Published December 03, 2015
The search for an American schooner carrying seven people that disappeared in the South Pacific has been called off after 11 days.
New Zealand's Rescue Coordination Centre said Friday it had carried out extensive aerial searches but had found no sign of the vessel, the life raft or the crew.
The 70-foot sailboat Nina left New Zealand bound for Australia on May 29. Authorities believe the 85-year-old classic wooden boat likely sank that day in a powerful storm.
The six Americans aboard included skipper David Dyche, 58, his wife Rosemary, 60, their son David, 17, and their friend Evi Nemeth, 73. Also aboard was a 35-year-old British man.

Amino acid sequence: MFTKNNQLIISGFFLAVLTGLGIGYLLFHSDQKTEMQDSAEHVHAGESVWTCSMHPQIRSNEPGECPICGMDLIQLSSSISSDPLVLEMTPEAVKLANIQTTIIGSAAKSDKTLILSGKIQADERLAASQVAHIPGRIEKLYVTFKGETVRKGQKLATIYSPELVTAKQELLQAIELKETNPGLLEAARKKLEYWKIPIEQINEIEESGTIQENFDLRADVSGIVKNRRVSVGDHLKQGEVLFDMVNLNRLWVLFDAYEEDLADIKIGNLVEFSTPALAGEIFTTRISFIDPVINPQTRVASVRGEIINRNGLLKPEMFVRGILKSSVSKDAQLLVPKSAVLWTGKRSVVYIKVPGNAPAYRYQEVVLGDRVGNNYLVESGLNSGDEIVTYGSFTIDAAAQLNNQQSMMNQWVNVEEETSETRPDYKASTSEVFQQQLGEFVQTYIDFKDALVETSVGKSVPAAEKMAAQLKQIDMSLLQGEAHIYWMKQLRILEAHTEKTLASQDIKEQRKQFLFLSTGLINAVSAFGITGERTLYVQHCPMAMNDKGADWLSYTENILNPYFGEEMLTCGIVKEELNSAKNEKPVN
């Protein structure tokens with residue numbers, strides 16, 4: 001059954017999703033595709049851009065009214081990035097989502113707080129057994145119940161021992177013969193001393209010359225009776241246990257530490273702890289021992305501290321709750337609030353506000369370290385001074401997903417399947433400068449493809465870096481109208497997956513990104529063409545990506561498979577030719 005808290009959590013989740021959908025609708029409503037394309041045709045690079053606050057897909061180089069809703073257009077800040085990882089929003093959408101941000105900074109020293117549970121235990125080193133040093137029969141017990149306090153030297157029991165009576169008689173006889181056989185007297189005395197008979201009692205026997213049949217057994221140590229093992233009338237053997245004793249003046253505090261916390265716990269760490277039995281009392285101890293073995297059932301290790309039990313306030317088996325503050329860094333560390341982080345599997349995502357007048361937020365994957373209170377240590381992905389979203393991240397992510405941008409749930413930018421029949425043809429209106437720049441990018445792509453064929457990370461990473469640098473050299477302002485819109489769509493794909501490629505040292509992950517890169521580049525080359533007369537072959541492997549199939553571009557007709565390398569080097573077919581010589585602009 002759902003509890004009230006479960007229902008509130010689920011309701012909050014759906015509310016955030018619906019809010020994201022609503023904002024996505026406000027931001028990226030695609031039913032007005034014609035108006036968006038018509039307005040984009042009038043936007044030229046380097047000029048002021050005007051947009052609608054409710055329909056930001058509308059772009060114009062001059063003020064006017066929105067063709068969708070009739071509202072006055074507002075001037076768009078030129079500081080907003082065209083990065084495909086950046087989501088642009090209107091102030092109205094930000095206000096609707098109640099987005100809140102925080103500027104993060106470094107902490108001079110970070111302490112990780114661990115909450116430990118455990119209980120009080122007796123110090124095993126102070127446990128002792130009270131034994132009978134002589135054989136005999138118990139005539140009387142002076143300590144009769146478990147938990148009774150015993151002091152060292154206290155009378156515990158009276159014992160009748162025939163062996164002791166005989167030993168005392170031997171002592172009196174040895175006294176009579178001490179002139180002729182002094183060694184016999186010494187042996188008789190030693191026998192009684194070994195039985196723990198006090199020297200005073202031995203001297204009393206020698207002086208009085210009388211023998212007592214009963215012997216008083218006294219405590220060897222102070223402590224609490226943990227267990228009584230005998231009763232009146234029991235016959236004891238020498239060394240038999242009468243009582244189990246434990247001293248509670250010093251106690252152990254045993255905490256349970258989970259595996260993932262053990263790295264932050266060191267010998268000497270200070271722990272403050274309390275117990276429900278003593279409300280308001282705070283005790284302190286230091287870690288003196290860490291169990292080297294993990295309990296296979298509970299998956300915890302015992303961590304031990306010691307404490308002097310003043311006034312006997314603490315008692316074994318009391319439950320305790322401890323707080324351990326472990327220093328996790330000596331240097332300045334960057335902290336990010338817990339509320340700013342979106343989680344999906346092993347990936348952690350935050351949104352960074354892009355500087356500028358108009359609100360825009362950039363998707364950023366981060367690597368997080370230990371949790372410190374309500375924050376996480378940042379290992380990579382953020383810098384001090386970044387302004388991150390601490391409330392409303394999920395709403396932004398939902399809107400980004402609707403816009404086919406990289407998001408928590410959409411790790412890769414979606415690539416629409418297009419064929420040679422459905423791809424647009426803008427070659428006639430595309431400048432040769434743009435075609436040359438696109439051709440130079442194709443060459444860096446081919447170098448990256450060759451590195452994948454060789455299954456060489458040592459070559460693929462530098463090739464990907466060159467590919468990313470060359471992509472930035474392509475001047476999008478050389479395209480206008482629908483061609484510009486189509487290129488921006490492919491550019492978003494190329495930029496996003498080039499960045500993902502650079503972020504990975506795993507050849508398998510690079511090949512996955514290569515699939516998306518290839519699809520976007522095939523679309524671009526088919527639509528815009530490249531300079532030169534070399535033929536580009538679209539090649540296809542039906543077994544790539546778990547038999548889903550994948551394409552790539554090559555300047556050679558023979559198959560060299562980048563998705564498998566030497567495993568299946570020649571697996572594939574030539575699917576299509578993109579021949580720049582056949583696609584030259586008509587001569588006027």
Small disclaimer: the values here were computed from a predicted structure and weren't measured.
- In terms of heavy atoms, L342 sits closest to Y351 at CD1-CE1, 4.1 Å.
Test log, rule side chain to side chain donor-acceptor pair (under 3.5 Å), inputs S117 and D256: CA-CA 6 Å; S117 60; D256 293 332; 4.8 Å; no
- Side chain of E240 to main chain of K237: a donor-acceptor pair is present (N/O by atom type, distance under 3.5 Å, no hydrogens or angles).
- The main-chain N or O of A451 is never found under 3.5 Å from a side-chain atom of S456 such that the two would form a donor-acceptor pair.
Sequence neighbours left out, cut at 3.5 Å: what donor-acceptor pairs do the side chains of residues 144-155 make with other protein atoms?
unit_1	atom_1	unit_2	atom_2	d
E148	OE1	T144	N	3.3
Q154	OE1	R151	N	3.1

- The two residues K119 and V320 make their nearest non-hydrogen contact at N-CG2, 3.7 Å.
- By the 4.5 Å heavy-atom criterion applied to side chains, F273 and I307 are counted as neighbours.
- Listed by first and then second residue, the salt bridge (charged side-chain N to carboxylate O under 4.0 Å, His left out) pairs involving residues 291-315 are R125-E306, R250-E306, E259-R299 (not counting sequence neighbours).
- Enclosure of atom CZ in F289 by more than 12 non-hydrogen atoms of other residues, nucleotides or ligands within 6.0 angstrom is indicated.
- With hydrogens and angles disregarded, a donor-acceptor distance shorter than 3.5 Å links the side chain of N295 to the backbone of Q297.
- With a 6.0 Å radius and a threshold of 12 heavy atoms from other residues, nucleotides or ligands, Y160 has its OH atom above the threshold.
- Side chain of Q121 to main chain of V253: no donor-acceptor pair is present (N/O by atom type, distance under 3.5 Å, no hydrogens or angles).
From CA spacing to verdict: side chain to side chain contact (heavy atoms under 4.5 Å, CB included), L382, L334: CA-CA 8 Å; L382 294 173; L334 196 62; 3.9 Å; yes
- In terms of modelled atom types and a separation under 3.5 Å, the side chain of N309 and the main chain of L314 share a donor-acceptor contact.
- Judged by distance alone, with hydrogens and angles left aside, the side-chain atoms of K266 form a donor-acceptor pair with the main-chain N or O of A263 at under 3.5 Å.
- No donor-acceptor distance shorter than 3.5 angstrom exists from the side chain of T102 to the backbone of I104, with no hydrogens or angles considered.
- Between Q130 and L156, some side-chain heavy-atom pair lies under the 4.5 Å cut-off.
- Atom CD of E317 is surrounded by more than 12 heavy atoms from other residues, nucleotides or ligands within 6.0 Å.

The New Zealand center released the last-known message from the boat Thursday after seeking it from satellite phone company Iridium and the U.S. State Department.
The June 4 message with a misspelling read: "Thanks storm sails shredded last night, now bare poles. Goining 4kt 310deg will update course info @ 6PM".
Nigel Clifford, Maritime New Zealand's general manager of safety and response services, said the message indicated the Nina would update its position about six hours later, which it never did.
"While it shows that Nina had survived the storm up to that point, very poor weather continued in the area for many hours and has been followed by other storms," Clifford said in a statement.
Authorities didn't state why the text message went undelivered or who it was sent to.
The Associated Press contributed to this report.